What is far from clear is what Corbyn really thinks and wants other than some form of “socialism in one country” outside the current EU or inside a “reformed” EU.
One silver lining from the Brexit debacle is that the Tories have been exposed as deeply divided and hopelessly incompetent. If Labour can successfully exploit these divisions, there is a very real opportunity to put the Tories out of power for a generation.
‘The status quo that brought us to Brexit will not get us out of it. While that time has gone, it is clear a new way of talking about the future was sorely needed anyway, even more so two years on. Meanwhile we are presented with an opportunity: in the breaking down of established common sense comes an opportunity to recreate and redefine.’
‘There is a saying among global trade negotiators that the world is divided between cannibals and lunch. The UK may be finding painfully that leaving the protection of the cannibals has condemned it to become lunch. It was certainly Stephen (Haseler)’s view that the English superstate was just as incapable of responding to new challenges internationally as it was domestically.’
[Goodwin] told Alistair Darling that conditions were very bad and that RBS had been considering whether to stop lending to customers. Darling asked Goodwin what would resolve the situation and Goodwin said ‘long-term funding’. How ‘Fred the Shred’ continued to ignore the warning signals, nevertheless.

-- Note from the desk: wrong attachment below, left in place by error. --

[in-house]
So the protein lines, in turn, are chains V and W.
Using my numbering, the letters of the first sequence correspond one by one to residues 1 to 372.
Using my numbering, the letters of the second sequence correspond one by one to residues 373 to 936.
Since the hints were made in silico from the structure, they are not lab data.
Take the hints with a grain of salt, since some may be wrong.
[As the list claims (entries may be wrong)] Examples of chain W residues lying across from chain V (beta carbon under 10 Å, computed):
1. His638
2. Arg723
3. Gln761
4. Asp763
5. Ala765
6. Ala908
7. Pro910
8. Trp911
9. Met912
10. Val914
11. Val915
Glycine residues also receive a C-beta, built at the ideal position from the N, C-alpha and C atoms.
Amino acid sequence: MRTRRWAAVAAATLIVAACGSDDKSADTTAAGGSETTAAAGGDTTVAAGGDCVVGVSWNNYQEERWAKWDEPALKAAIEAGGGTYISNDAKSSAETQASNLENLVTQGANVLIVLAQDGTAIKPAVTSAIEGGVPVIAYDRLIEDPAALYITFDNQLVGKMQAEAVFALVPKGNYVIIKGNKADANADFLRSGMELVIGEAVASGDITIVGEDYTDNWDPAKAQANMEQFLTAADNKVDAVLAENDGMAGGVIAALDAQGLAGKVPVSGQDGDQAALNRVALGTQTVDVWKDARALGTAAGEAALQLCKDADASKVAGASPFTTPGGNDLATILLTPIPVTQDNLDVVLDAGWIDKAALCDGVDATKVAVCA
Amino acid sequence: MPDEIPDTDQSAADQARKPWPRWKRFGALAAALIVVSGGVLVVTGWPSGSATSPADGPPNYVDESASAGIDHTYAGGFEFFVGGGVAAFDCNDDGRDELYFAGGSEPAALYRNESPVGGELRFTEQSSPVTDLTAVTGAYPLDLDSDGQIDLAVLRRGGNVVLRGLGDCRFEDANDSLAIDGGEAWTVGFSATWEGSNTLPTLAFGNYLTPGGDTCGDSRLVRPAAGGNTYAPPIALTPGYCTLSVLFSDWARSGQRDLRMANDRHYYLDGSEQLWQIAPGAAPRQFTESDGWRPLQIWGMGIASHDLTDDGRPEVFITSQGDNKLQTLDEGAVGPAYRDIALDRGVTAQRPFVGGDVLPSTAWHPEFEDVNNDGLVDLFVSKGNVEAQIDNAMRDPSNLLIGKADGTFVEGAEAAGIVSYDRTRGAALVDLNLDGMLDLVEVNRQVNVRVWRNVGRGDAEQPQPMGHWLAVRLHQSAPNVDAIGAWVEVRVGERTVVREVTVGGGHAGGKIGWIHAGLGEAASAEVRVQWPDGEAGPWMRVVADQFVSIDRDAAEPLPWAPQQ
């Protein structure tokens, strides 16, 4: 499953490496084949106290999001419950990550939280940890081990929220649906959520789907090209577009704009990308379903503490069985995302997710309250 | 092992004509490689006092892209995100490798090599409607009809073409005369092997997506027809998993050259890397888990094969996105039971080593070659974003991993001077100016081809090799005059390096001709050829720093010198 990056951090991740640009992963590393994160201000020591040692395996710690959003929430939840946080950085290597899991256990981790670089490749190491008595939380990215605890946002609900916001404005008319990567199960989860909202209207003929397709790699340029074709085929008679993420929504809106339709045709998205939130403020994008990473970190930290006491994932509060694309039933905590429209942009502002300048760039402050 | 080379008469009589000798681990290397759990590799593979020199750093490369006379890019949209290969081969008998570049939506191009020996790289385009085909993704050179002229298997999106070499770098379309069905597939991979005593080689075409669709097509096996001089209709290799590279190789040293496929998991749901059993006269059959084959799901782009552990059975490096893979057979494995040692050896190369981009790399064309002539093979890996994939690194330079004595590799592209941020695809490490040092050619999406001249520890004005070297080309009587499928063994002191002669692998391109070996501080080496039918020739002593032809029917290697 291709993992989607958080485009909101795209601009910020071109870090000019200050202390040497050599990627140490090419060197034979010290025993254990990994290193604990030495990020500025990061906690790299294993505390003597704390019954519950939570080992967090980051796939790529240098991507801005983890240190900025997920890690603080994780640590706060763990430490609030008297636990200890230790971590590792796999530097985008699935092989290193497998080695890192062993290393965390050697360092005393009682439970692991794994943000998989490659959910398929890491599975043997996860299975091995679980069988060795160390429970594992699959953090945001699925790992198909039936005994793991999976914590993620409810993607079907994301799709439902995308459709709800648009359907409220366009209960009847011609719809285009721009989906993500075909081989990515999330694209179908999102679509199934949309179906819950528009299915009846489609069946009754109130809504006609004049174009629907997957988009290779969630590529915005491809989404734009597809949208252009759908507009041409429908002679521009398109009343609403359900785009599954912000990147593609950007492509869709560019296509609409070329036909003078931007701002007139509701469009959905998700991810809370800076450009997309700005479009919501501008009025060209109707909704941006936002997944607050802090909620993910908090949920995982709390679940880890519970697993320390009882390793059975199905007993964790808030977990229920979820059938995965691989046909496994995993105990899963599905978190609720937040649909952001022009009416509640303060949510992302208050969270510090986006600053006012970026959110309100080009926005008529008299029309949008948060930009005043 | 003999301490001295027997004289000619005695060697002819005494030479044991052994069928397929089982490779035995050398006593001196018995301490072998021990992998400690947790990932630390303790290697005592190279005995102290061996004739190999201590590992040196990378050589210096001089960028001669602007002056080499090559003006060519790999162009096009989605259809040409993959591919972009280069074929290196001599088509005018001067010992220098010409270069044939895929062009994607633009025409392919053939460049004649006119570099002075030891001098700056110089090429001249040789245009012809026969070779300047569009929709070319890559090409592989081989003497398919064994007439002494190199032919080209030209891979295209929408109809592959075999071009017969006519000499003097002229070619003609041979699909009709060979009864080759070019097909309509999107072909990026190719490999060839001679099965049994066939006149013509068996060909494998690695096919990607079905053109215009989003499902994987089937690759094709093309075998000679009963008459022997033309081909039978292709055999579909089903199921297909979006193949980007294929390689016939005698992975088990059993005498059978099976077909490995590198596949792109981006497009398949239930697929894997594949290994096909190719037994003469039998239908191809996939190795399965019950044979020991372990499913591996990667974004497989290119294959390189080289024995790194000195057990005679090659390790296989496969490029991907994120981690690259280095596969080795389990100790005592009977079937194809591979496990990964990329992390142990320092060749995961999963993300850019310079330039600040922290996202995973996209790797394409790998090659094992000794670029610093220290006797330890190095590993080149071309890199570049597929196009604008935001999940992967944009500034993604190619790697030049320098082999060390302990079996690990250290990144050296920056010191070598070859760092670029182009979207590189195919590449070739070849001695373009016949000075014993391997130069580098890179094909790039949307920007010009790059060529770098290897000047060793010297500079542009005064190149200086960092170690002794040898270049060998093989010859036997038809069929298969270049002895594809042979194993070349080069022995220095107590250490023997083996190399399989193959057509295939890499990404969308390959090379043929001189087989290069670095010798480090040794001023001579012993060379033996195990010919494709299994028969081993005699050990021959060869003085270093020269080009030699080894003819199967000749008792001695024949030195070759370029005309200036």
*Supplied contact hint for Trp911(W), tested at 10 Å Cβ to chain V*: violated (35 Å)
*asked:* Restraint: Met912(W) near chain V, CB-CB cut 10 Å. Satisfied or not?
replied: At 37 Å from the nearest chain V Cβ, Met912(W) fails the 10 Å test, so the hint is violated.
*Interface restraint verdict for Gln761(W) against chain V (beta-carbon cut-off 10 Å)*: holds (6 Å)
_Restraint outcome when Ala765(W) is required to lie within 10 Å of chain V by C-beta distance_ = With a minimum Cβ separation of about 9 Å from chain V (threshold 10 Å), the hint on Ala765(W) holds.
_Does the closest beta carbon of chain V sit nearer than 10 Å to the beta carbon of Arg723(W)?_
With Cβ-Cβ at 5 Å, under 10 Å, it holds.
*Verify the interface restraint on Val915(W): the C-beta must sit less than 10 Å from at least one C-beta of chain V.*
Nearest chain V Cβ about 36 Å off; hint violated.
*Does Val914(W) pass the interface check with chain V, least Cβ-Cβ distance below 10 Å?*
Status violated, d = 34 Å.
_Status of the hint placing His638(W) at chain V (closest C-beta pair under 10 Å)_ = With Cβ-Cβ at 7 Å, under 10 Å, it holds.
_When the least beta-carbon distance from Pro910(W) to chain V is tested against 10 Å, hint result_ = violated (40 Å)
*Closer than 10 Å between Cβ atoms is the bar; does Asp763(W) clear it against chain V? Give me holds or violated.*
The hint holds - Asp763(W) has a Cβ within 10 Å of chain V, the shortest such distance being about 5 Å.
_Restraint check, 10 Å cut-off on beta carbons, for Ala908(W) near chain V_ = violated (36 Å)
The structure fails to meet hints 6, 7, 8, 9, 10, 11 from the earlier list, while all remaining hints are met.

‘…the devolution settlement is in flux and it will remain to be seen whether Westminster will firmly establish itself in the driving seat or whether Scotland and the other devolved nations will gain true additional powers….’
To mark the tenth anniversary of the financial crisis, Sceptical Scot’s new series focuses on home-made follies; the extraordinary mistakes made by two once revered and typically prudent Scottish institutions: the Bank of Scotland and the Royal Bank of Scotland.
‘… were legislation introduced the day parliament returned from the party conference recess, on 9 October, the earliest Thursday on which a referendum could be held would be 28 March – the very day before exit day. Of course, the introduction of legislation so soon is very unlikely, and there is plenty of scope for delays along the way…’
The current domestic debate in the UK thus represents the beginning of the Brexit process, not the end, and it would benefit from a greater understanding of what drives the EU in this process.
‘This week’s court (Supreme Court) case may prove not to be the end — or even the beginning of the end — of the constitutional crisis. Perhaps we will find that it was merely the end of the beginning.’